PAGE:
By: HUZAIMA BUKHARI AND DR IKRAMUL HAQ Published on December 20, 2013
In a landmark judgement delivered on December 10, 2013, the Supreme Court of Pakistan held imposition of nine percent additional sales tax on supply of CNG (Compressed natural gas) as unlawful. The apex court, while directing the government to return the additional money received from the consumers, asked the Oil and Gas Regulatory Authority (OGRA) to issue a revised notification for standard rate of 16 or 17 percent of sales tax as early as possible but not beyond a period of seven days. In compliance with the order, OGRA on December 17, 2013 announced a cut in prices of CNG by Rs 1.23 per kilogramme. The same day, the government filed review petition against the order.
Highlighting crux of the matter, the Supreme Court held that "the Federation of Pakistan under Article 38 of the Constitution as a policy is bound to secure the well-being of the people by raising their standard of living." It ruled that the subsidy already being given to the consumers should not have been withdrawn, adding "though the subsidy is not their right, the government being responsible for their welfare may consider in near future to increase the rate of subsidy by extending its benefits to the consumers".
It may be recalled that additional sales tax of 9% on supply of CNG was levied by inserting subsection (8) in the Sales Tax Act, 1990 through the Finance Act, 2013, which reads as under:
"Notwithstanding the rate of sales tax as contained in sub-section (1) and notwithstanding anything contained in any law or notification made there under, in case of supply of natural gas to CNG stations, the Gas Transmission and Distribution Company shall charge sales tax from the CNG stations at the rate of nine percent in addition to the sales tax chargeable under sub-section (1) on the value of supply, where the value for the purpose of levy of sales tax shall include price of natural gas, charges, rents, commissions and all local, provincial and Federal duties and taxes, but excluding the amount of sales tax, as provided in clause (46) of section 2. This rate shall include the rate of tax chargeable under sub-section (1) and nine percent in lieu of value addition made by the CNG stations. The rate of sales tax under this sub-section shall have effect and shall be deemed to have taken effect on and from the 1st day of July, 2007.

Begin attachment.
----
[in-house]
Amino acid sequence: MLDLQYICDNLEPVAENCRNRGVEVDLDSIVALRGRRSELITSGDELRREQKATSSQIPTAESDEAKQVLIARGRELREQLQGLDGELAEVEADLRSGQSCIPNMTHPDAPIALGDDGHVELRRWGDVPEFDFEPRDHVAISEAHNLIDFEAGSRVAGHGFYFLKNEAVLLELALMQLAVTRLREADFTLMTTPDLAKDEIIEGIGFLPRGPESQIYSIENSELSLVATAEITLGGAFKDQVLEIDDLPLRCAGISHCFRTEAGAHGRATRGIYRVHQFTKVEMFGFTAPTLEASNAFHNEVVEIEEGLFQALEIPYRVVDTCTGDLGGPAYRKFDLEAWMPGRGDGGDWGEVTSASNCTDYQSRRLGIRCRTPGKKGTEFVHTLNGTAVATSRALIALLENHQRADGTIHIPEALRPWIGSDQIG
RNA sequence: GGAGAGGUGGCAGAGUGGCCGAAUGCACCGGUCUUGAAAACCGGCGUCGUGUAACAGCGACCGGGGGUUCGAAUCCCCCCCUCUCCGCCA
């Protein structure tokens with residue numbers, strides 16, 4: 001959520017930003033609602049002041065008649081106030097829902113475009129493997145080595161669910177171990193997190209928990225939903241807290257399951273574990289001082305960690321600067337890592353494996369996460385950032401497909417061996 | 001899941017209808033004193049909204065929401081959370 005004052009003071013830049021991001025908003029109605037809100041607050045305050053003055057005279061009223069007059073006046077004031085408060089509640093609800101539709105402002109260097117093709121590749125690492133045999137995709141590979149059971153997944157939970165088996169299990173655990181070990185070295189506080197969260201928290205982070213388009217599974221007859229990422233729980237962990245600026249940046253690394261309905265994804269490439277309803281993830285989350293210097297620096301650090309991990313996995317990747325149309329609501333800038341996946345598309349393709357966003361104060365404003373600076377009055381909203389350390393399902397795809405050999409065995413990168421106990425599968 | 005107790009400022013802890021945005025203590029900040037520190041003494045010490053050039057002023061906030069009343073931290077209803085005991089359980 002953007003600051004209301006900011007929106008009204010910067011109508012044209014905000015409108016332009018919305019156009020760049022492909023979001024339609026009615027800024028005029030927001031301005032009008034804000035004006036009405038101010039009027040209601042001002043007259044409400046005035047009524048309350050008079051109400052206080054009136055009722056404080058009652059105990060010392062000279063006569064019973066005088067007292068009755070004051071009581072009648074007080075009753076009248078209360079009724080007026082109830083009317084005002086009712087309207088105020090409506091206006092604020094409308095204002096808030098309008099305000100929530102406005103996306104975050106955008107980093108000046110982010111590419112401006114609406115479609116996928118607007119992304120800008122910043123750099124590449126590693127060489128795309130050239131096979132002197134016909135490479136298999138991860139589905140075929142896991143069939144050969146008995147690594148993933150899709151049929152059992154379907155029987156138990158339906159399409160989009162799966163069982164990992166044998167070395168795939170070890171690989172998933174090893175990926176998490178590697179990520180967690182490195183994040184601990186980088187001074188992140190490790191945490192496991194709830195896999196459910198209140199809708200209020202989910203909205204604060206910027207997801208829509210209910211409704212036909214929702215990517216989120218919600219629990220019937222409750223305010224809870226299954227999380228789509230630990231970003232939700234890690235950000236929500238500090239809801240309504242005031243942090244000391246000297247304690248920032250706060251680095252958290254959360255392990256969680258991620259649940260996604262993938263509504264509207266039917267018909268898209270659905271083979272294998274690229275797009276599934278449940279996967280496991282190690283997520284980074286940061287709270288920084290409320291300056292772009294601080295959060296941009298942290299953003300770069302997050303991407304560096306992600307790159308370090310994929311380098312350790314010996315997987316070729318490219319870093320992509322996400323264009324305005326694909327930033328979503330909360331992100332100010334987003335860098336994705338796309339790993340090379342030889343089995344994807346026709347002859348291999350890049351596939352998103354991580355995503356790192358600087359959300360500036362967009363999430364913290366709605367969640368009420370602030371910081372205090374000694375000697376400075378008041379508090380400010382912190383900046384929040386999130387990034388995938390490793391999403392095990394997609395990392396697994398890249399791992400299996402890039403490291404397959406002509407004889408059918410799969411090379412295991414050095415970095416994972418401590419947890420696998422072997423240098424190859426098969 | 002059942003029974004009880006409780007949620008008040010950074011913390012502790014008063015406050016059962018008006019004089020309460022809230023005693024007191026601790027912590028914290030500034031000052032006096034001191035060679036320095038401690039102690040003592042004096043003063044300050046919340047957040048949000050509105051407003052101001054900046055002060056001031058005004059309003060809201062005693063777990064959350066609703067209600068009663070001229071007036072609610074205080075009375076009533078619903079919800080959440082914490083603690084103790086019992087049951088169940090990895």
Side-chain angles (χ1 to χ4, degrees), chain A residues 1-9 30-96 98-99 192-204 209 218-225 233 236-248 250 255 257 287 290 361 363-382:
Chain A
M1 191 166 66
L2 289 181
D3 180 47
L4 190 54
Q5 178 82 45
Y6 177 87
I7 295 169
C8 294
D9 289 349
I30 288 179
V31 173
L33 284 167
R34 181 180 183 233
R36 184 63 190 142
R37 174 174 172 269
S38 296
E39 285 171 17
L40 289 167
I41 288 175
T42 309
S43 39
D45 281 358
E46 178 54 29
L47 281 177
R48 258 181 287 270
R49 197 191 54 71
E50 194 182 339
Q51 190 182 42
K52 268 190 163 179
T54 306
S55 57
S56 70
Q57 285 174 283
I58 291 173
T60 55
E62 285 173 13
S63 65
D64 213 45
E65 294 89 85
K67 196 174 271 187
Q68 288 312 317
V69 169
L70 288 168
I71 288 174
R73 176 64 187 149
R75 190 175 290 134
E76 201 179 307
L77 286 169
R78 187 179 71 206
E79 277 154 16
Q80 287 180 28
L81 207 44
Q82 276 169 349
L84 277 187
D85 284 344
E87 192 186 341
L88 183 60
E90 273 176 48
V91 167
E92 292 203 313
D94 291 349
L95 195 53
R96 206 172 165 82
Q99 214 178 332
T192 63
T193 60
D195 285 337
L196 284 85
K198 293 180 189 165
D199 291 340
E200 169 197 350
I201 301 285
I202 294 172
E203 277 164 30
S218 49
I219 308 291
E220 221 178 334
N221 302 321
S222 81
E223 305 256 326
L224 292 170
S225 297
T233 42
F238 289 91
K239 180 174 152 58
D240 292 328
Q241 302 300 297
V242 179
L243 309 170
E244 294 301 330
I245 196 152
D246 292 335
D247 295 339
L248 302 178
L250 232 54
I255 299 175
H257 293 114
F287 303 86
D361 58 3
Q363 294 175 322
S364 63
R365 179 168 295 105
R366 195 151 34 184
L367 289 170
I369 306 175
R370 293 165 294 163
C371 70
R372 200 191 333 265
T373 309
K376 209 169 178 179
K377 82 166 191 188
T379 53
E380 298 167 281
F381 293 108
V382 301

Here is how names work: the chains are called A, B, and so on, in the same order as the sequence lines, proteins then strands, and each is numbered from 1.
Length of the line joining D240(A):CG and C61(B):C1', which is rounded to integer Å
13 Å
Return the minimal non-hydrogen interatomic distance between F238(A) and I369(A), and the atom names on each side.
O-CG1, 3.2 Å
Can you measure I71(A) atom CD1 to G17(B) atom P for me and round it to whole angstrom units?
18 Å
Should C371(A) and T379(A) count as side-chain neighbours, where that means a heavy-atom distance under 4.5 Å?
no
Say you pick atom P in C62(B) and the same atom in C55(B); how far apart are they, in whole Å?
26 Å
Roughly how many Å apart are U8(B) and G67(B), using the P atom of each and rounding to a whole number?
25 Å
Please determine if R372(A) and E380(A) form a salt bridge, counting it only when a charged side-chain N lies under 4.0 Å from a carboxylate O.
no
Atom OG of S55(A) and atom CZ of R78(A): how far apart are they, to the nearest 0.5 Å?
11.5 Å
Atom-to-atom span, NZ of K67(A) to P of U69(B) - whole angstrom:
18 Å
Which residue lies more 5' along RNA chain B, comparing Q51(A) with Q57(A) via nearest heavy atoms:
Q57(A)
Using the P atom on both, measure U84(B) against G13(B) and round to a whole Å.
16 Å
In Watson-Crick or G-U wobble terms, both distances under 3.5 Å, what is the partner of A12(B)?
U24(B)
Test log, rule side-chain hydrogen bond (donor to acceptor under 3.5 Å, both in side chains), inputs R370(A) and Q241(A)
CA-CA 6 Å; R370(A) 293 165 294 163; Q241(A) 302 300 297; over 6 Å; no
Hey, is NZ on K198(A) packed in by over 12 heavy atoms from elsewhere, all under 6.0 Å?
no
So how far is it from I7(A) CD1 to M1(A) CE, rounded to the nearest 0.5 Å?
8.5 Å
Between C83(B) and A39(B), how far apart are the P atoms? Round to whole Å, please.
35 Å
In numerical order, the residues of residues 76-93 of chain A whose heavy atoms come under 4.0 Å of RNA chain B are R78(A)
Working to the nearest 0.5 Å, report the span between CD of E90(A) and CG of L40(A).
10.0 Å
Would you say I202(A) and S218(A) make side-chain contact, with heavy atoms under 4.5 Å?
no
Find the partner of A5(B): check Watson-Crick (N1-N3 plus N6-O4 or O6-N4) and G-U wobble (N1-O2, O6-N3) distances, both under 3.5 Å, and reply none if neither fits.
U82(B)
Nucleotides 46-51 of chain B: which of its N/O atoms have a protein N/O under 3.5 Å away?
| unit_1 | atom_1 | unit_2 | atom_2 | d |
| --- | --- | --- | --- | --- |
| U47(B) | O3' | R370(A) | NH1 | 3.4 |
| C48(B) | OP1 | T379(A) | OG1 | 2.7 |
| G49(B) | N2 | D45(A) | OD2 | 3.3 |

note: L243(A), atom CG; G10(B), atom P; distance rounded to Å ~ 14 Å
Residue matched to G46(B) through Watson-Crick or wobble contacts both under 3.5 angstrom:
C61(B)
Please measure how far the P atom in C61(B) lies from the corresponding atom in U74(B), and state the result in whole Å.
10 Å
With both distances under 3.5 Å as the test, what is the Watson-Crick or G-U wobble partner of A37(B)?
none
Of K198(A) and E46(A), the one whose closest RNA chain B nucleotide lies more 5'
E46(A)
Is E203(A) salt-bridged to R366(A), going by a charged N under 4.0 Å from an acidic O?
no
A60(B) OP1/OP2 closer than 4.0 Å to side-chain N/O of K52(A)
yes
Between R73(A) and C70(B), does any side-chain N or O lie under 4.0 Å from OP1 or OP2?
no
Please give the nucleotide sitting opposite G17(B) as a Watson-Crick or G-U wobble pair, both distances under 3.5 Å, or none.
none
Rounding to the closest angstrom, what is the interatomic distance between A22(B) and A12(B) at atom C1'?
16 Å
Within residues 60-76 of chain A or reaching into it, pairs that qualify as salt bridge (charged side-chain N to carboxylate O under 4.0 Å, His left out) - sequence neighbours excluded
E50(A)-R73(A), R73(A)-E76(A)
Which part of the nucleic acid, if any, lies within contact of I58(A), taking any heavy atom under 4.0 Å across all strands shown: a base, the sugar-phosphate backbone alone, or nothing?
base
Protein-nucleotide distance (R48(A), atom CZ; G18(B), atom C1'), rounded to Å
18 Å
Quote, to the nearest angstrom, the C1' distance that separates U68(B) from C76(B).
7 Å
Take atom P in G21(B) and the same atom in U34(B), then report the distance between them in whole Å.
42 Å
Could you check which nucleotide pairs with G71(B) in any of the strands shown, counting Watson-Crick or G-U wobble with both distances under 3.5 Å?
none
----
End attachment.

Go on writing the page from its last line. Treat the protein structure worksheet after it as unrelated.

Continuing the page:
Explanation: The rate of nine percent in lieu of value addition is less than the standard rate of tax chargeable under sub-section (1), as all input tax adjustments have been catered for while determining the figure of nine percent".
The Supreme Court held that subsection (8) of section 3 of the Sales Tax Act, 1990, inserted by the Finance Act, 2013, was contrary to law and the Constitution. Declaring extra sales tax of 9 percent as untenable in law, it was categorically concluded by the apex court that imposition beyond rate fixed under section 3(1) of the Sales Tax Act, 1990 was not justified. The Supreme Court held that directions and the ratio of the judgement of June 21, 2013 in the case of Iqbal Zafar Jhagra v Federation of Pakistan [(2013)108 TAX 1 S.C. Pak = 2013 SCMR 1337], wherein Rule 7 of the Provisional Collection of Taxes Act, 1931 was declared ultra vires, shall be applicable in this case as well. The Supreme Court also observed that gas development charges (GDIC) "falls within the definition of Section 2(46) of the Sales Tax Act, 1990 and no order is required to be passed in this behalf".
The three-member bench of Supreme Court, headed by former Chief Justice Iftikhar Muhammad Chaudhry, has opined that "load-shedding of electricity in the country is manageable subject to dedicated and committed efforts to ensure the maximum possible generation of electricity which is sufficient to cater to the requirements of all consumers". The judgement says that "the competent authority must concentrate its efforts to minimise the sufferings of the consumers by endeavouring to provide uninterrupted supply of electricity... if, however, load-shedding is the only way out, it must be administered without having distinction between rural and urban areas as well as the domestic, commercial and industrial sectors. Moreover, a formula must be put in place to ensure the distribution of electricity on an equitable basis." The apex court further instructs that the competent authority shall take steps to control all kinds of losses by using modern devices like smart meters. It stresses that electricity should be supplied only to the consumers, who are ready to make payment, if need be, in advance or without any default after submission of the bills.